As I’ve written on the About page, The Return of the Prodigal Son, a book by Henri Nouwen in which he writes his profound extended meditation on the painting of that name by Rembrandt, was the inspiration for the creation of this blog. So imagine my excitement and trepidation when I saw that this Saturday’s Gospel reading is that very parable! Excitement because, obviously, I love both the painting and the parable. Trepidation because nothing I could possibly write would come near to the eloquence and profundity of Nouwen’s words. So my solution is simple: I’ll include the words of Henri Nouwen that speak so deeply to my own heart. I hope they’ll speak to yours as well, as they have to millions of others. First things first though. Here is the scriptural passage that is the basis for the painting, from the Gospel of Luke:
Tax collectors and sinners were all drawing near to listen to Jesus,
but the Pharisees and scribes began to complain, saying,
“This man welcomes sinners and eats with them.”
So to them Jesus addressed this parable.
“A man had two sons, and the younger son said to his father,
‘Father, give me the share of your estate that should come to me.’
So the father divided the property between them.
After a few days, the younger son collected all his belongings
and set off to a distant country
where he squandered his inheritance on a life of dissipation.
When he had freely spent everything,
a severe famine struck that country,
and he found himself in dire need.
So he hired himself out to one of the local citizens
who sent him to his farm to tend the swine.
And he longed to eat his fill of the pods on which the swine fed,
but nobody gave him any.
Coming to his senses he thought,
‘How many of my father’s hired workers
have more than enough food to eat,
but here am I, dying from hunger.
I shall get up and go to my father and I shall say to him,
“Father, I have sinned against heaven and against you.
I no longer deserve to be called your son;
treat me as you would treat one of your hired workers.”’
So he got up and went back to his father.
While he was still a long way off,
his father caught sight of him, and was filled with compassion.
He ran to his son, embraced him and kissed him.
His son said to him,
‘Father, I have sinned against heaven and against you;
I no longer deserve to be called your son.’
But his father ordered his servants,
‘Quickly, bring the finest robe and put it on him;
put a ring on his finger and sandals on his feet.
Take the fattened calf and slaughter it.
Then let us celebrate with a feast,
because this son of mine was dead, and has come to life again;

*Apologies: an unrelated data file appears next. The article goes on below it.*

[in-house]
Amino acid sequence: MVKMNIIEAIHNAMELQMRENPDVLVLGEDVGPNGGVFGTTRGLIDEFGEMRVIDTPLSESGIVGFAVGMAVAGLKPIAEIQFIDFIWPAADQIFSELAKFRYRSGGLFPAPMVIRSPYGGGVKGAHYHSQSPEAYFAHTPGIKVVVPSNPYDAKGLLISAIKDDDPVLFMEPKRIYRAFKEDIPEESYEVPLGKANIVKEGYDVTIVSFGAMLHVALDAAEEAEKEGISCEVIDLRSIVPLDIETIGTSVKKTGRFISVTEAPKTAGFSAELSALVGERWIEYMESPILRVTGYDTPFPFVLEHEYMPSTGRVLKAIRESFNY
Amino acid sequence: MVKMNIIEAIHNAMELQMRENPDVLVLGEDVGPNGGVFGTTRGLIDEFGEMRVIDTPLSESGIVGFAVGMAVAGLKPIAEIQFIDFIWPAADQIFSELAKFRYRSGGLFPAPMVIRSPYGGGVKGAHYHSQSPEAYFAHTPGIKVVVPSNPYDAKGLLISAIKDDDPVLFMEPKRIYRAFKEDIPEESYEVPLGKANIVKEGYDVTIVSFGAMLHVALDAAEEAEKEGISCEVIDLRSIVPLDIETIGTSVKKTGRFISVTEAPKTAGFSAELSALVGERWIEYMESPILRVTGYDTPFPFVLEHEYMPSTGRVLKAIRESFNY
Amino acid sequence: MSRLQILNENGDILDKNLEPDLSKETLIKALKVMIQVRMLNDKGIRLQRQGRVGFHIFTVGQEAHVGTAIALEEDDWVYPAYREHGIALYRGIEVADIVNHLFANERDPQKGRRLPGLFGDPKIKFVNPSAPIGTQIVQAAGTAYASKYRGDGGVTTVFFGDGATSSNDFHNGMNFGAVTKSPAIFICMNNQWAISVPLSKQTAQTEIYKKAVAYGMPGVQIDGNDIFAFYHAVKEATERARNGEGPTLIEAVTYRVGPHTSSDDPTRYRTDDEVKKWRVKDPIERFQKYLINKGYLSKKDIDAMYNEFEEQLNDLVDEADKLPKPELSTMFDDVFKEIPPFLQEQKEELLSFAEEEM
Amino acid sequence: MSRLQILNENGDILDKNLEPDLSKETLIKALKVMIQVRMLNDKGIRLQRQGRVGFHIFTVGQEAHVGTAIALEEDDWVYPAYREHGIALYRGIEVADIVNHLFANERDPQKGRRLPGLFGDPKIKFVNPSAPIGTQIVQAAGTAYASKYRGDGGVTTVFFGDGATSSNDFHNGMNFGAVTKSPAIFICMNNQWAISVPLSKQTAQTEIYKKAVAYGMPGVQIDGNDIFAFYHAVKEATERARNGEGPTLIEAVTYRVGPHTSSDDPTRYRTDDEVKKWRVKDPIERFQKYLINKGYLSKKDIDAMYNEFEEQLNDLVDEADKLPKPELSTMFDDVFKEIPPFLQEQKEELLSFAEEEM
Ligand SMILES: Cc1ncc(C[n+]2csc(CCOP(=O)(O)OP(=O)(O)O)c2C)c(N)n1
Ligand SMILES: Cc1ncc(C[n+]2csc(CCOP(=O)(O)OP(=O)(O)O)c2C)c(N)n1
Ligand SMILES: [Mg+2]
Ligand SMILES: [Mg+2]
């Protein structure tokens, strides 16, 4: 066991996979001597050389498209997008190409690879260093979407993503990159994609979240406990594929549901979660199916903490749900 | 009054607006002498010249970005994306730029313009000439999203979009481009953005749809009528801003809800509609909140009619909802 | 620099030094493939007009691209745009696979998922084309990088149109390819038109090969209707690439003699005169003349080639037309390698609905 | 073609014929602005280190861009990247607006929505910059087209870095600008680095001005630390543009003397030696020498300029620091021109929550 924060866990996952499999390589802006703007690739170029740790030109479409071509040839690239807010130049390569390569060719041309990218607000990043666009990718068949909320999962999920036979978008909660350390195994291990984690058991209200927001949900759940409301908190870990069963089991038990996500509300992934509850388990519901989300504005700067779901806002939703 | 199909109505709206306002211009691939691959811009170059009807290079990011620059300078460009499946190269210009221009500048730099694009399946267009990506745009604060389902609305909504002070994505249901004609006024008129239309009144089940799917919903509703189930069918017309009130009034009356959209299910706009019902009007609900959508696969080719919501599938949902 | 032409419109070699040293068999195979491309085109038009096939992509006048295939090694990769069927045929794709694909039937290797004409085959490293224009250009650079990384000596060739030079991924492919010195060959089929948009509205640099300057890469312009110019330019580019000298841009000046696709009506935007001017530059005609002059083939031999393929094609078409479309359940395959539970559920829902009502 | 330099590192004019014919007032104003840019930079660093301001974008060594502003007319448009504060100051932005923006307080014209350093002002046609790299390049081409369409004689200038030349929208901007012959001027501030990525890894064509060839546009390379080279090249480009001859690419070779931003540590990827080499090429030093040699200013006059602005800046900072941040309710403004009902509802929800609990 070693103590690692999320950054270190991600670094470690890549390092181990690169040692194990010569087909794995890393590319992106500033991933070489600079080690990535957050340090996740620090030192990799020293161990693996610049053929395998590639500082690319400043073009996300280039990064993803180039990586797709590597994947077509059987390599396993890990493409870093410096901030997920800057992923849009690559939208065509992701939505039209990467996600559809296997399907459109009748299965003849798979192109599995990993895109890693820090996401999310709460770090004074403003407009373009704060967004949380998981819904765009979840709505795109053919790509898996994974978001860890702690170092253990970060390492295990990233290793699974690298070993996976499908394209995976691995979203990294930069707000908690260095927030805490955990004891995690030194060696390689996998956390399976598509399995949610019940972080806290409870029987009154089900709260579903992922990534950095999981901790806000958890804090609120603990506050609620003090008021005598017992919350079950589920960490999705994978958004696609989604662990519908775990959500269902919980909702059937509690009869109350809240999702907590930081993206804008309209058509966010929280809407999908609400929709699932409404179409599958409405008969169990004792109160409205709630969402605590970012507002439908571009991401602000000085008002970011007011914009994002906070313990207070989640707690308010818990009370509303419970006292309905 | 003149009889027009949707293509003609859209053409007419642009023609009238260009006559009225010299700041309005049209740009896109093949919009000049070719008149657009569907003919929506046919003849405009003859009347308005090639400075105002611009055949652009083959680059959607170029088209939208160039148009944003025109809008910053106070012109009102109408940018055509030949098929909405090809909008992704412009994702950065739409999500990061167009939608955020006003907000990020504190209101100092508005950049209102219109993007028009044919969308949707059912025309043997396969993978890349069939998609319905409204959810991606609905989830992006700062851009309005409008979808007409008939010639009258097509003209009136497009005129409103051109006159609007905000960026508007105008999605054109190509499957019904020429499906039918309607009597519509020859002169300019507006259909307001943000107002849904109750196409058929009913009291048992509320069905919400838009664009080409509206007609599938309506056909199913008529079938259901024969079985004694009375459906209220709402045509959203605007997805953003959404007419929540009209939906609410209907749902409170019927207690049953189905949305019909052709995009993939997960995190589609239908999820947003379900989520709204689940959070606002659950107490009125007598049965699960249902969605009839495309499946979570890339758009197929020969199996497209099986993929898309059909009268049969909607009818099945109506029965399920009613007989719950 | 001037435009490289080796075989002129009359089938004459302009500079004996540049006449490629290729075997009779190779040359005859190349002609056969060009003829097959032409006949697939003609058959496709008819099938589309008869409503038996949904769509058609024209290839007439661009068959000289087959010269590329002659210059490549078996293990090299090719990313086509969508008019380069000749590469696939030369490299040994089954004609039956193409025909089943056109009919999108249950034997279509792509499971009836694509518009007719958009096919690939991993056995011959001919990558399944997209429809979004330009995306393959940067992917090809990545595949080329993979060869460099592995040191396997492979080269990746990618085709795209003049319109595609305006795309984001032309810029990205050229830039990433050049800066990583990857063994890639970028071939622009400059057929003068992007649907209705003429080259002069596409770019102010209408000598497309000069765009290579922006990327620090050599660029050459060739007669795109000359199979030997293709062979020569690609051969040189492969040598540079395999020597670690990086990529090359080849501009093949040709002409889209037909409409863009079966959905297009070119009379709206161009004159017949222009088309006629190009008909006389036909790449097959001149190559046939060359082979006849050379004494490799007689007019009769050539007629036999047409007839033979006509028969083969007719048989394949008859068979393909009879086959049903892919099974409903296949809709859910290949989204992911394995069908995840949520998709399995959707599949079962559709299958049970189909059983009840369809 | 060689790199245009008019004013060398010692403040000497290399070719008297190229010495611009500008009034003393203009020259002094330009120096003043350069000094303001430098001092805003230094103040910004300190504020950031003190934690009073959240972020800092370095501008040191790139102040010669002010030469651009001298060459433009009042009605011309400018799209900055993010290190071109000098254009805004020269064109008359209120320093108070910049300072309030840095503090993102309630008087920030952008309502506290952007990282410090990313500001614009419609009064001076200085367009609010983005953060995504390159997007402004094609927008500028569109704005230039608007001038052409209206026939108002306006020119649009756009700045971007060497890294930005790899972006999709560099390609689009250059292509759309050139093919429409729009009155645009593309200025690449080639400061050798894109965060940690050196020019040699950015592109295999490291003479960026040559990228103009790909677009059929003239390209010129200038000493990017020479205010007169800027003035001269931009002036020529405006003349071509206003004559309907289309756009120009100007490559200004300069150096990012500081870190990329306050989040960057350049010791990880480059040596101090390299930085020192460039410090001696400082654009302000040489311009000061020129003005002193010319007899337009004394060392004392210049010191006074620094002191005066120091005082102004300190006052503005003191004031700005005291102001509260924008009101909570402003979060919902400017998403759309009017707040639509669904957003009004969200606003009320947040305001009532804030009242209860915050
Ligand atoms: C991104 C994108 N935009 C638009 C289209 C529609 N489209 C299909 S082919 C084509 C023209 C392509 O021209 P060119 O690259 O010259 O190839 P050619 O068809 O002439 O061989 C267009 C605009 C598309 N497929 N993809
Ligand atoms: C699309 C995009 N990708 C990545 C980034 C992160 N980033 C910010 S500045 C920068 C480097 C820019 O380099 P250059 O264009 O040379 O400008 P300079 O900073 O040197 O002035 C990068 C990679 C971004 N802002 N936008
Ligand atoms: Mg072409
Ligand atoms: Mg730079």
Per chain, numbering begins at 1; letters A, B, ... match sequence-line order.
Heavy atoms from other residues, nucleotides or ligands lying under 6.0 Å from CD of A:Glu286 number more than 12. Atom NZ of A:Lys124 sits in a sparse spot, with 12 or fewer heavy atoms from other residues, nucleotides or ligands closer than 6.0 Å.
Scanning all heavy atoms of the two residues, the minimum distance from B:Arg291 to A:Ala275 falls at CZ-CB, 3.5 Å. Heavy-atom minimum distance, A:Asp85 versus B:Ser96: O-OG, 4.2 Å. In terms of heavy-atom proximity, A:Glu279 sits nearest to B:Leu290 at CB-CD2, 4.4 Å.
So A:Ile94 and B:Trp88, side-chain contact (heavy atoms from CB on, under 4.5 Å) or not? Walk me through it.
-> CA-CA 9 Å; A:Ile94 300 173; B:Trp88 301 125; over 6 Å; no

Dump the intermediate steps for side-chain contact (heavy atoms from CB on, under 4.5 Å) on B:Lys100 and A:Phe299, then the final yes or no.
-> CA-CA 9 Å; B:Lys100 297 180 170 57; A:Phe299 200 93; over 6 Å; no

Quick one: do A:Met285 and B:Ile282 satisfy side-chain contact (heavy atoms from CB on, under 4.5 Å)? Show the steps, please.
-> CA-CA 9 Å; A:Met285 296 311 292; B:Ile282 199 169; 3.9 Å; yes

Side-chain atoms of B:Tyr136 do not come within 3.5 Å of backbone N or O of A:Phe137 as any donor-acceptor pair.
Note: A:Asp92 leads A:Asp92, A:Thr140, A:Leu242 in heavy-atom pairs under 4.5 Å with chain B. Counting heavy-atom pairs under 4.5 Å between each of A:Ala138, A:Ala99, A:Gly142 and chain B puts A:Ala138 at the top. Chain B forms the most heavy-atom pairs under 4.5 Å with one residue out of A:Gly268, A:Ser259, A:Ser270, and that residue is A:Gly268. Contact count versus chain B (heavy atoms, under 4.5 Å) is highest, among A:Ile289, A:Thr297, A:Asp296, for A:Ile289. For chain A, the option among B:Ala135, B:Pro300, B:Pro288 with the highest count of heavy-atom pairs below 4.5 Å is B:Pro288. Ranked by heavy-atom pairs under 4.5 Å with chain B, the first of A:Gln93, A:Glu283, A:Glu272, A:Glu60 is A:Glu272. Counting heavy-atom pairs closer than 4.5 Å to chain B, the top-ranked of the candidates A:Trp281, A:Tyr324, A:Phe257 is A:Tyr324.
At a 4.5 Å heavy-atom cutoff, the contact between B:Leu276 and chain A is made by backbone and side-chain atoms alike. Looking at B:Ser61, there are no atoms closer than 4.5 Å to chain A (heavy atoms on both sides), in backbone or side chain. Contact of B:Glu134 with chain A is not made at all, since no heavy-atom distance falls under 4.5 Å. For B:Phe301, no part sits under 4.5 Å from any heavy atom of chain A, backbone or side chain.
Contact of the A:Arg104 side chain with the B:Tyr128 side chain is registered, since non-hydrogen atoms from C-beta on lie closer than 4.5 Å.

he was lost, and has been found.’
Then the celebration began.
Now the older son had been out in the field
and, on his way back, as he neared the house,
he heard the sound of music and dancing.
He called one of the servants and asked what this might mean.
The servant said to him,
‘Your brother has returned
and your father has slaughtered the fattened calf
because he has him back safe and sound.’
He became angry,
and when he refused to enter the house,
his father came out and pleaded with him.
He said to his father in reply,
‘Look, all these years I served you
and not once did I disobey your orders;
yet you never gave me even a young goat to feast on with my friends.
But when your son returns
who swallowed up your property with prostitutes,
for him you slaughter the fattened calf.’
He said to him,
‘My son, you are here with me always;
everything I have is yours.
But now we must celebrate and rejoice,
because your brother was dead and has come to life again;
he was lost and has been found.’”
Luke 15:1-3, 11-32
(Click on image for larger view)
When I returned to the Church after many years of wandering, the Franciscan priest to whom I spoke assured me that I was the prodigal child whom God loves. This made my fear of being judged melt away and I realized that God was simply overjoyed that I had returned. My joy at being loved and accepted then matched God’s joy at my homecoming! I am still grateful to that kindly pastor, whose approach to me was the sort of warm reception Pope Francis urges our priests, and indeed all of us, to demonstrate. That also makes this parable a very special one in my heart. Have you been a prodigal at some point and experienced the mercy and joy of the Father?
Henri Nouwen’s book is the story of his personal encounter with the painting by Rembrandt and how it brought him closer to God. In the painting he sees the phases of his own life as first the younger son, then the elder son, then the father. Following are some excerpts:
The Younger Son